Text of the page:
But a scientific probe has unveiled bad news for those who depend on the relatively cheaper protein source. Its findings reveal that fish caught in Cameroonian waters contain extremely high concentrations of mercury, a chemical element and metal harmful to human health.
The survey, titled Global Mercury Hotspots was conducted between May and June last year. It’s findings were just recently made public. The study measured the amount of ingested mercury in a sample population on the outskirts of Cameroon’s largest city and industrial hub, Douala.
According to the findings, residents of the city are highly exposed to contamination by the metal.
Medics say humans are often exposed to its most poisonous form, methylmercury, by consuming fish living in polluted waters. Ingestion of the contaminated food can destroy the human immune and nervous systems, and damage developing embryos.
The research was jointly manned by experts from the Biodiversity Research Institute, the International POP Elimination Network and the Center for Research and Education for Development.
Nineteen trial subjects from two predominant fishing communities just outside of Douala – Youpwe and Takele - offered hair samples for analysis. Dr Gilbert Kuepouo, Coordinator at the Center for Research and Education for Development says results of the analyses conducted at a laboratory in the northeastern US state of Maine revealed disturbing methylmercury traces in the trial subjects.
He says 17 of the hair samples showed worrying mercury contamination levels way above WHO limits of one microgram of mercury per kilogram of human body mass. Kuepouo says they found concentrations ranging from 2.8 to 3.8 micrograms per kilogram [or parts per million]. He adds that even more disturbing were two others who displayed exceedingly elevated levels surpassing 540 micrograms
Mercury occurs naturally in geological deposits, volcanoes, and also as an introduced contaminant in the environment from metal processing, gold mining, coal incineration and hospital waste. It is easily carried over vast distances in the atmosphere by wind and then deposited on land and water sources.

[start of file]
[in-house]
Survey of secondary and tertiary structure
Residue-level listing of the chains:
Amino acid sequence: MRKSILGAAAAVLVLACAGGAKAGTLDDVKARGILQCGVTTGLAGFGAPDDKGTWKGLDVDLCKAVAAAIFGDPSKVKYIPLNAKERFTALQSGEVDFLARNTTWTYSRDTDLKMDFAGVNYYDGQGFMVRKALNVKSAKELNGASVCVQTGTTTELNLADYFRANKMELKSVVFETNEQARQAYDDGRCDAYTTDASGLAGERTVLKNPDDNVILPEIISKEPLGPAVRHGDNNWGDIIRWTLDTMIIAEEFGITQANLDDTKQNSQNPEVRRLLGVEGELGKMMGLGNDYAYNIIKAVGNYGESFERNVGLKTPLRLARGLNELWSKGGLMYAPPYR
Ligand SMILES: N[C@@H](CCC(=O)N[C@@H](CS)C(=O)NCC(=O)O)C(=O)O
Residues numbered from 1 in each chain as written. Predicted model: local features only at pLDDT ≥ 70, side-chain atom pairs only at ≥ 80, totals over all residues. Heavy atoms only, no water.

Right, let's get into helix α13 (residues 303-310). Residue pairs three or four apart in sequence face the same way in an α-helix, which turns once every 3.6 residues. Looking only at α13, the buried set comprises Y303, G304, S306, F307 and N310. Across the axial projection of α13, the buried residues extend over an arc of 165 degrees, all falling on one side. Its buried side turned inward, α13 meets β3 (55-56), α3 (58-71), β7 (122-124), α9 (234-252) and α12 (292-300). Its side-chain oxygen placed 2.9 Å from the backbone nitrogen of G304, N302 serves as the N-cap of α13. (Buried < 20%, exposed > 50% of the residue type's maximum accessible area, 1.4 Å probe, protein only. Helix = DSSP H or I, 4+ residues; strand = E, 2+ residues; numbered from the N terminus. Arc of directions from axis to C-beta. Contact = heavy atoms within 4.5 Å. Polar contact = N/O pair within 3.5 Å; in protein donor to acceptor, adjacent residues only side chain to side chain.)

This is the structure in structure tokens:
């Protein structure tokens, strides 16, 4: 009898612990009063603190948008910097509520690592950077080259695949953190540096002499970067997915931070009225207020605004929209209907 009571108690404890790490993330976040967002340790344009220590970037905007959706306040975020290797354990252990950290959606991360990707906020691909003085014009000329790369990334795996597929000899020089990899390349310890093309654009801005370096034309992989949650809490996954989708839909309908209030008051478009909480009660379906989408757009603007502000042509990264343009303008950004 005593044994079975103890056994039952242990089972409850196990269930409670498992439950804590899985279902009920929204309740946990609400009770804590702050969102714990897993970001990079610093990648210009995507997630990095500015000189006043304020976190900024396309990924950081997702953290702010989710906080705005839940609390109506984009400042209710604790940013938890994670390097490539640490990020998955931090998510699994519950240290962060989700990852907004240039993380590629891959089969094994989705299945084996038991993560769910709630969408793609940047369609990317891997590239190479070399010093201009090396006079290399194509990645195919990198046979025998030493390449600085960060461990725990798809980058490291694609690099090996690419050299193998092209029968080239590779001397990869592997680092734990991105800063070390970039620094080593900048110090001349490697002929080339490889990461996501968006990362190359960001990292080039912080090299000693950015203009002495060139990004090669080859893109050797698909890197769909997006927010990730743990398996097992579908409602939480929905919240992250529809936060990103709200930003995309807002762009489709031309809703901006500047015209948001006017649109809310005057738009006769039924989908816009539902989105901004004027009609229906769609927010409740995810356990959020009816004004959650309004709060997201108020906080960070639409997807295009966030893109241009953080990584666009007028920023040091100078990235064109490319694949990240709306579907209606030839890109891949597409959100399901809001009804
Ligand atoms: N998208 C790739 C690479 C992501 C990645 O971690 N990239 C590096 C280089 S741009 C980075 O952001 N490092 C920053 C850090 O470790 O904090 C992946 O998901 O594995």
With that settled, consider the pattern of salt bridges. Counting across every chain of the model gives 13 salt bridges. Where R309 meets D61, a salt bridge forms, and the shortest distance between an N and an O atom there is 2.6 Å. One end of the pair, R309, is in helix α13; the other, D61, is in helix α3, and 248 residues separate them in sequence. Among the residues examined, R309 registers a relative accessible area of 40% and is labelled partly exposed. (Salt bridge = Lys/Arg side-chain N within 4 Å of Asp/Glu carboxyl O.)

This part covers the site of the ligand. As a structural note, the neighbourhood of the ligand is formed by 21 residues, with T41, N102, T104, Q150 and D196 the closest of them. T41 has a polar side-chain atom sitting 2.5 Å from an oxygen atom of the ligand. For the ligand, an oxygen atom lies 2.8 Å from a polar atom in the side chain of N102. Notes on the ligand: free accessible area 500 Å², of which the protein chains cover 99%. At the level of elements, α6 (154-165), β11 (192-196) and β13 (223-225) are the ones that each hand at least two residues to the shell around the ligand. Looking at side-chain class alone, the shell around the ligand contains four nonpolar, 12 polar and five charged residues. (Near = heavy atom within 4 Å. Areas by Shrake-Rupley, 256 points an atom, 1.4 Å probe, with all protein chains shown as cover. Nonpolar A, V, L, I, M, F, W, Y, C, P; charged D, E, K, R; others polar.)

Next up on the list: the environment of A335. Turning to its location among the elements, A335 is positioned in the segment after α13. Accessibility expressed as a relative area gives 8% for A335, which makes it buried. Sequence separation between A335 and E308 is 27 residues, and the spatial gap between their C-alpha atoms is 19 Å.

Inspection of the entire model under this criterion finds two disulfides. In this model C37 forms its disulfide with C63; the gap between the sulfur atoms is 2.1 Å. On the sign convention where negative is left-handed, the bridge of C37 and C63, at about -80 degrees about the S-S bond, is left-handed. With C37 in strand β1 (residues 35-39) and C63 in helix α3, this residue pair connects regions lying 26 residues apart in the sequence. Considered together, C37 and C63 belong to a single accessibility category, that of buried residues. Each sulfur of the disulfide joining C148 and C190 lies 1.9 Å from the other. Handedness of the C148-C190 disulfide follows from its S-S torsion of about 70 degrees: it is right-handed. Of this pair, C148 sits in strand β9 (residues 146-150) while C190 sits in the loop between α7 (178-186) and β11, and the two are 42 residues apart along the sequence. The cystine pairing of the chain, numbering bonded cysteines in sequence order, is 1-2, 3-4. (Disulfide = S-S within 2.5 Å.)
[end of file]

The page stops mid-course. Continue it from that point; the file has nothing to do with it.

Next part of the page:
Some of the mercury that falls from the air onto water sources is converted by marine bacteria into methylmercury. Fish devour the microscopic animals called zooplanktons, who have consumed the substance. At each stage in the aquatic food chain, the concentration of methylmercury, which is much more easily absorbed than is excreted, is magnified.
Dr Jude Attah, the co-author of the report, says "Our conclusion is that the main source of contamination is fish, though there are other sources like some skin-lightening lotions, clay and artificial teeth workshops. The Wouri estuary where most of the fishing off Douala is done is highly polluted with mercury from the various industries around."
The researchers have recommended urgent measures to reduce mercury emissions in Douala, where more and more people depend on fish for proteins.
They are urging governments in the region to immediately enact legislation to encourage mercury-polluting industries to obtain equipment to clean up contaminated environment. They also want a limit on imports of raw materials containing mercury and the inspection of industrial and hospital garbage before disposal.
Since 2009, the United Nations Environment Program, UNEP has been pushing for a negotiated global pact to progressively phase out and eventually eliminate mercury emissions worldwide. The initiative is due to be completed this year. It will likely include a legally binding treaty which will stand as a basis for national laws and help to reduce emissions worldwide.